November 26, 2013
VTT Introduces Deforestation Monitoring Method For Tropical Regions
Halting deforestation in tropical regions requires verification of forest conditions. VTT has developed a new satellite image based method for accurate assessment of tropical forest cover. Part of the EU's seventh framework program, the ReCover project has involved using satellite imaging to map forest cover in sites in Mexico, Guyana, Columbia, Congo and the Fiji Islands over a period of up to 20 years.
The REDD program is the United Nations' collaborative initiative designed to combat deforestation in the tropical region and to reduce greenhouse gas emissions. The objective is to include REDD in the 2015 international climate agreement. Further concrete steps on REDD were already agreed in the United Nations Climate Change Conference that was held in Warsaw in November. Through the REDD initiative, industrialized countries pay compensation for the conservation and sustainable management of forests in the tropical region, where deforestation is progressing rapidly. The purpose of this is to increase carbon sequestration in forests. The compensation system requires accurate verification, by satellite, of the condition of forests.In this three-year project, VTT developed a new method of monitoring tropical forest cover using numerical satellite images. The method permits forest mapping using satellite images with a resolution of ten to thirty meters. The accuracy of the maps is assessed by taking a statistical sample from satellite images with a resolution of better than one meter. Sampling is intended to ensure that the mapping method does not over- or underestimate the forested area.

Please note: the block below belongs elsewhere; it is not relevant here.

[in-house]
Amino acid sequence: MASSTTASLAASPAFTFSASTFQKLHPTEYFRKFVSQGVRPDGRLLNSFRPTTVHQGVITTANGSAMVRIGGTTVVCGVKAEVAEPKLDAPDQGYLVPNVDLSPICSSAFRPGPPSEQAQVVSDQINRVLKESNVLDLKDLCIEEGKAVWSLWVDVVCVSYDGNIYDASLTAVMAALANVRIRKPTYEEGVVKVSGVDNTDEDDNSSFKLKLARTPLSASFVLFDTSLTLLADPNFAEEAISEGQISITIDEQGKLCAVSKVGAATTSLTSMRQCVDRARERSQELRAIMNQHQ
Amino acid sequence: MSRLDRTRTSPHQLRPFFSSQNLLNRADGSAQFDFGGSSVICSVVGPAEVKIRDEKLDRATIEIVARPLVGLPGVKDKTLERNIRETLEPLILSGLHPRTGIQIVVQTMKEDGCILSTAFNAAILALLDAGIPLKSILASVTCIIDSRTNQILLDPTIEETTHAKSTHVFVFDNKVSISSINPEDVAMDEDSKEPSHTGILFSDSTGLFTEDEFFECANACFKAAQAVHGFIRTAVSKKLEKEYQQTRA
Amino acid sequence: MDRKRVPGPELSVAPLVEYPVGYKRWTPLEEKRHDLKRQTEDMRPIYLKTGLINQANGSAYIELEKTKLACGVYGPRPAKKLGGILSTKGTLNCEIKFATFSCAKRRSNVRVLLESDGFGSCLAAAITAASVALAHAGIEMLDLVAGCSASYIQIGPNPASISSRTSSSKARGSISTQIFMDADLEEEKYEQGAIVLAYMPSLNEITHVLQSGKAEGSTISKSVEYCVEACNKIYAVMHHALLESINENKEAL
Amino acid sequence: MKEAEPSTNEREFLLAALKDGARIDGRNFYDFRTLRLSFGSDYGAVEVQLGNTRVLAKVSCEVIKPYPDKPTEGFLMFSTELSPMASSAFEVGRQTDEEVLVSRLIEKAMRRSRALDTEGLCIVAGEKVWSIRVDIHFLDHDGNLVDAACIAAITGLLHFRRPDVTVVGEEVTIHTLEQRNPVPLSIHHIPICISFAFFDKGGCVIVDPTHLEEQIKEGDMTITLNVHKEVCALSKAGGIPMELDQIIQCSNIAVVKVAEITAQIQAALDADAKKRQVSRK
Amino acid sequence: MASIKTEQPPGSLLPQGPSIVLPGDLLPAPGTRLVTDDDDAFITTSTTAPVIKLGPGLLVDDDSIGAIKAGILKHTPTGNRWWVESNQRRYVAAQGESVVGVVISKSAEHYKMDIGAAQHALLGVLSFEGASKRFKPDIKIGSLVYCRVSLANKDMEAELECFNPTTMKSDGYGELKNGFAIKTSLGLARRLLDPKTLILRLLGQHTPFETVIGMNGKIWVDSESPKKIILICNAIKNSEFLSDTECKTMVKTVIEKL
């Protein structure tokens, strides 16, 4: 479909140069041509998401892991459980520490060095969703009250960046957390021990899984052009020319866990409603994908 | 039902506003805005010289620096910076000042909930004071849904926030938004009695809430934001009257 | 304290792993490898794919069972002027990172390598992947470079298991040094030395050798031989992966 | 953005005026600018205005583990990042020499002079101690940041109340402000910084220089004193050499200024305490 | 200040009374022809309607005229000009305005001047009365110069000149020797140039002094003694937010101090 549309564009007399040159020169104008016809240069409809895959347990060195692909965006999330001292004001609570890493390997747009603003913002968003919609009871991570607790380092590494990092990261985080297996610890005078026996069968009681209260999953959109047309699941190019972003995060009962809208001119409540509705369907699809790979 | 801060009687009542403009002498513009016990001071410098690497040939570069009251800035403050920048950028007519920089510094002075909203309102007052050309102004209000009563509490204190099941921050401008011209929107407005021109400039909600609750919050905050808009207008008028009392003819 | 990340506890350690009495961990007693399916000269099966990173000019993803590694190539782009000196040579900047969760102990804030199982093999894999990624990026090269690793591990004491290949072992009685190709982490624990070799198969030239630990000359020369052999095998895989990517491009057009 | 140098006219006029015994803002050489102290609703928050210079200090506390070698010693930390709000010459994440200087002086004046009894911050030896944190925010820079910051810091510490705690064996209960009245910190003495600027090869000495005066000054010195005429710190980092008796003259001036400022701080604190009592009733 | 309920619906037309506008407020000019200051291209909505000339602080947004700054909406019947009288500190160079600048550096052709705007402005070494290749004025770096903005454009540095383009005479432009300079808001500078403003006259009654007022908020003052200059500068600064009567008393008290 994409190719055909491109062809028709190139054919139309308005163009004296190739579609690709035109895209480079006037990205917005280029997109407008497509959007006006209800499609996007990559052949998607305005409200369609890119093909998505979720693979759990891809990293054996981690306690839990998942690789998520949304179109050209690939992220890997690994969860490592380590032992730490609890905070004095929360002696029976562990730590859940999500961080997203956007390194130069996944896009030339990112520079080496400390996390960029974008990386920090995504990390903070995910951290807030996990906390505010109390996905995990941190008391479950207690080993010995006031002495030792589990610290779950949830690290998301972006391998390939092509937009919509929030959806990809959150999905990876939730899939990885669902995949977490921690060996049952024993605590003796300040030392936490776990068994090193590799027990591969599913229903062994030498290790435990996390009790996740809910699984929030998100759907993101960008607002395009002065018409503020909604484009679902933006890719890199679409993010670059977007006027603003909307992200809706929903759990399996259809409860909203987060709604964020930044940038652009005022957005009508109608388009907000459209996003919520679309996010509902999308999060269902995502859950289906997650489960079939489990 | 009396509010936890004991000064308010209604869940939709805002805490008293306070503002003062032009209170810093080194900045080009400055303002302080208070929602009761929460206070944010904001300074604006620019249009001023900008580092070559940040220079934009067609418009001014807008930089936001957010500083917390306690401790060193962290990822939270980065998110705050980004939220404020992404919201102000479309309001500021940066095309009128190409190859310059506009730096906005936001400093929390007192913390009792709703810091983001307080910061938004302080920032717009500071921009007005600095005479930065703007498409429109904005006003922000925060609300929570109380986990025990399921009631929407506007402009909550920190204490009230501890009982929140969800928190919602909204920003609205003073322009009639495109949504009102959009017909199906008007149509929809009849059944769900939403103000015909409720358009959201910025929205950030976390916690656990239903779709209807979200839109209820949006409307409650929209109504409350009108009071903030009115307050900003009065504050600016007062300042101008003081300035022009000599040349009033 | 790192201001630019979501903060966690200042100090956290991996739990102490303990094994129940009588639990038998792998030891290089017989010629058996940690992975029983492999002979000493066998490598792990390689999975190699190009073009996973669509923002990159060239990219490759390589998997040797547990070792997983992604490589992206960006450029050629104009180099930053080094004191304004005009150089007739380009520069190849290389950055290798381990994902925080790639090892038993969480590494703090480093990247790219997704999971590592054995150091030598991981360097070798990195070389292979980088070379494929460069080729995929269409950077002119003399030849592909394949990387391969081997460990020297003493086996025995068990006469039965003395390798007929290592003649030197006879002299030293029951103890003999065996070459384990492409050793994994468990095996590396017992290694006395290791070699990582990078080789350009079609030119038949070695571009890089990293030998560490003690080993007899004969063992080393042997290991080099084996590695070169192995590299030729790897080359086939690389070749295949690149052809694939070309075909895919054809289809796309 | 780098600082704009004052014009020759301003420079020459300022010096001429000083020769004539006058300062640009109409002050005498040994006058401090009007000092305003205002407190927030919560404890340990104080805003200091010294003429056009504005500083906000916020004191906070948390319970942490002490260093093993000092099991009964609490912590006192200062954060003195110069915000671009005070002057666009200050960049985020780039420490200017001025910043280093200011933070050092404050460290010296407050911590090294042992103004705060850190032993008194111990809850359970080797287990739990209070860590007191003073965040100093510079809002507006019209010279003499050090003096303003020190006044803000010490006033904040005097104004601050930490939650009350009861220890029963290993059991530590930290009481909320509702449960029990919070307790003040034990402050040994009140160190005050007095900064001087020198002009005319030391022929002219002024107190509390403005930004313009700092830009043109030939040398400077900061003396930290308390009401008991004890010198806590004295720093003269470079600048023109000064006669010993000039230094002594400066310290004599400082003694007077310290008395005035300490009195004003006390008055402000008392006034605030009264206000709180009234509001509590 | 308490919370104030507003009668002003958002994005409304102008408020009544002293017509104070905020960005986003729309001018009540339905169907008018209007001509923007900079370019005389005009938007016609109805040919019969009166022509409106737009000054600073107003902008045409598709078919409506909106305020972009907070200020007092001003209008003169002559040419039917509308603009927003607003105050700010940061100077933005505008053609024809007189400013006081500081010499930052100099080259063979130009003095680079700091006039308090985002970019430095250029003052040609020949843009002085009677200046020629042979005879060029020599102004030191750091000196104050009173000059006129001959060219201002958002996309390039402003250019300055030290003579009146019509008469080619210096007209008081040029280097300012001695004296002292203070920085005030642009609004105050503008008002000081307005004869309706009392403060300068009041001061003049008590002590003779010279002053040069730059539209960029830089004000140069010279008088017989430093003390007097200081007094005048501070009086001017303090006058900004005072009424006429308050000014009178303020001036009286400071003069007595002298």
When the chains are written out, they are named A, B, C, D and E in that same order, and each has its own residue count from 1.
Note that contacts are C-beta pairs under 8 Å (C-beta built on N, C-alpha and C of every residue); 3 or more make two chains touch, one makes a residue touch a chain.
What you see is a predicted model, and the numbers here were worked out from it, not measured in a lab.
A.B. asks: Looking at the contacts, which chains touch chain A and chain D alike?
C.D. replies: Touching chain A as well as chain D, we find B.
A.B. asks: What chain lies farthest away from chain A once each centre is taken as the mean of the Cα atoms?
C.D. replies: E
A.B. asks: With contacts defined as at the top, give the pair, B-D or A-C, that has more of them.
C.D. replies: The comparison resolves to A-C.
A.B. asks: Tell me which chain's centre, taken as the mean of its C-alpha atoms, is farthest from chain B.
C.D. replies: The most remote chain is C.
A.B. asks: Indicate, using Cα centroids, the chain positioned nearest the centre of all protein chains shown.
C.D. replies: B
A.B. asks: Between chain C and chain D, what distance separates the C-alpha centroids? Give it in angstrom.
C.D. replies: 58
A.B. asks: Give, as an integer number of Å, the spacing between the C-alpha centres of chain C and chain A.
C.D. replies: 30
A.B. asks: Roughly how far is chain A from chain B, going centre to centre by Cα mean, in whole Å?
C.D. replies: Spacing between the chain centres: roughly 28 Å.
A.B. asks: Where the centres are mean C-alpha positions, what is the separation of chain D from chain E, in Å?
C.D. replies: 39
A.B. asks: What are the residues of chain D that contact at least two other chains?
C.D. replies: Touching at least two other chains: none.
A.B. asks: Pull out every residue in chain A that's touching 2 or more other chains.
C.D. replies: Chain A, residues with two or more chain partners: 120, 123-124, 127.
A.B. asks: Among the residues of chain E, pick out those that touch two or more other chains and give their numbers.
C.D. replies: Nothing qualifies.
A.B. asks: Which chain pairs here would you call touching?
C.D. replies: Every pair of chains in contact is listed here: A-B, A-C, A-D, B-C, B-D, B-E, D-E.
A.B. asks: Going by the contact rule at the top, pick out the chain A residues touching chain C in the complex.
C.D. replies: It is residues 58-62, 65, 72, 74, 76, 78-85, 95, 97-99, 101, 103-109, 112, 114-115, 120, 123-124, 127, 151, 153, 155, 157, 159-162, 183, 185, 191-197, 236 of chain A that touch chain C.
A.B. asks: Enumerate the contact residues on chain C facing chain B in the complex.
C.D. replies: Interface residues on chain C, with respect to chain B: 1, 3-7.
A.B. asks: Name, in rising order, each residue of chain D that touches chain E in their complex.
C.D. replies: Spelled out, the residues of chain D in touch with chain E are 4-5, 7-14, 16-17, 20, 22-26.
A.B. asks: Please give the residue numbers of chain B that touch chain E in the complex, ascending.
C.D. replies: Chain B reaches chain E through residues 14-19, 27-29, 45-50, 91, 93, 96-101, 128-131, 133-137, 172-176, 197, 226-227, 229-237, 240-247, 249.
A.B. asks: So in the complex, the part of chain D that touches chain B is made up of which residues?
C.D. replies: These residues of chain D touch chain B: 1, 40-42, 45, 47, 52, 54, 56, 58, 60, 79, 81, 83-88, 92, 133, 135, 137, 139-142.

In the ReCover project, nine research partners mapped forest cover in Mexico, Guyana, Columbia, the Democratic Republic of the Congo and the Fiji Islands. This was accomplished in cooperation with local authorities and other local players in each country during a period lasting from the early 1990s to present day.
“In late 2014, the Sentinel satellites launched as part of the European Copernicus program will begin to deliver satellite image data that is highly suitable for forest monitoring,” says Tuomas Häme, Research Professor at VTT. On the other hand, a fee will be charged for ultra-high resolution satellite images.
The total cost of the EU ReCover project coordinated by VTT was approximately EUR 3.3 million. Negotiations on further projects are currently under way with representatives of the target countries. Besides VTT, Arbonaut Oy represented Finland in the project.
The final meeting of the project was held during the UN Climate Change Conference in Warsaw in November.
Tuomas Häme will discuss satellite imaging applications in environmental measurement in his article in the VTT Impulse magazine in December 2013: http://www.vtt.fi/publications/impulse.jsp?lang=en
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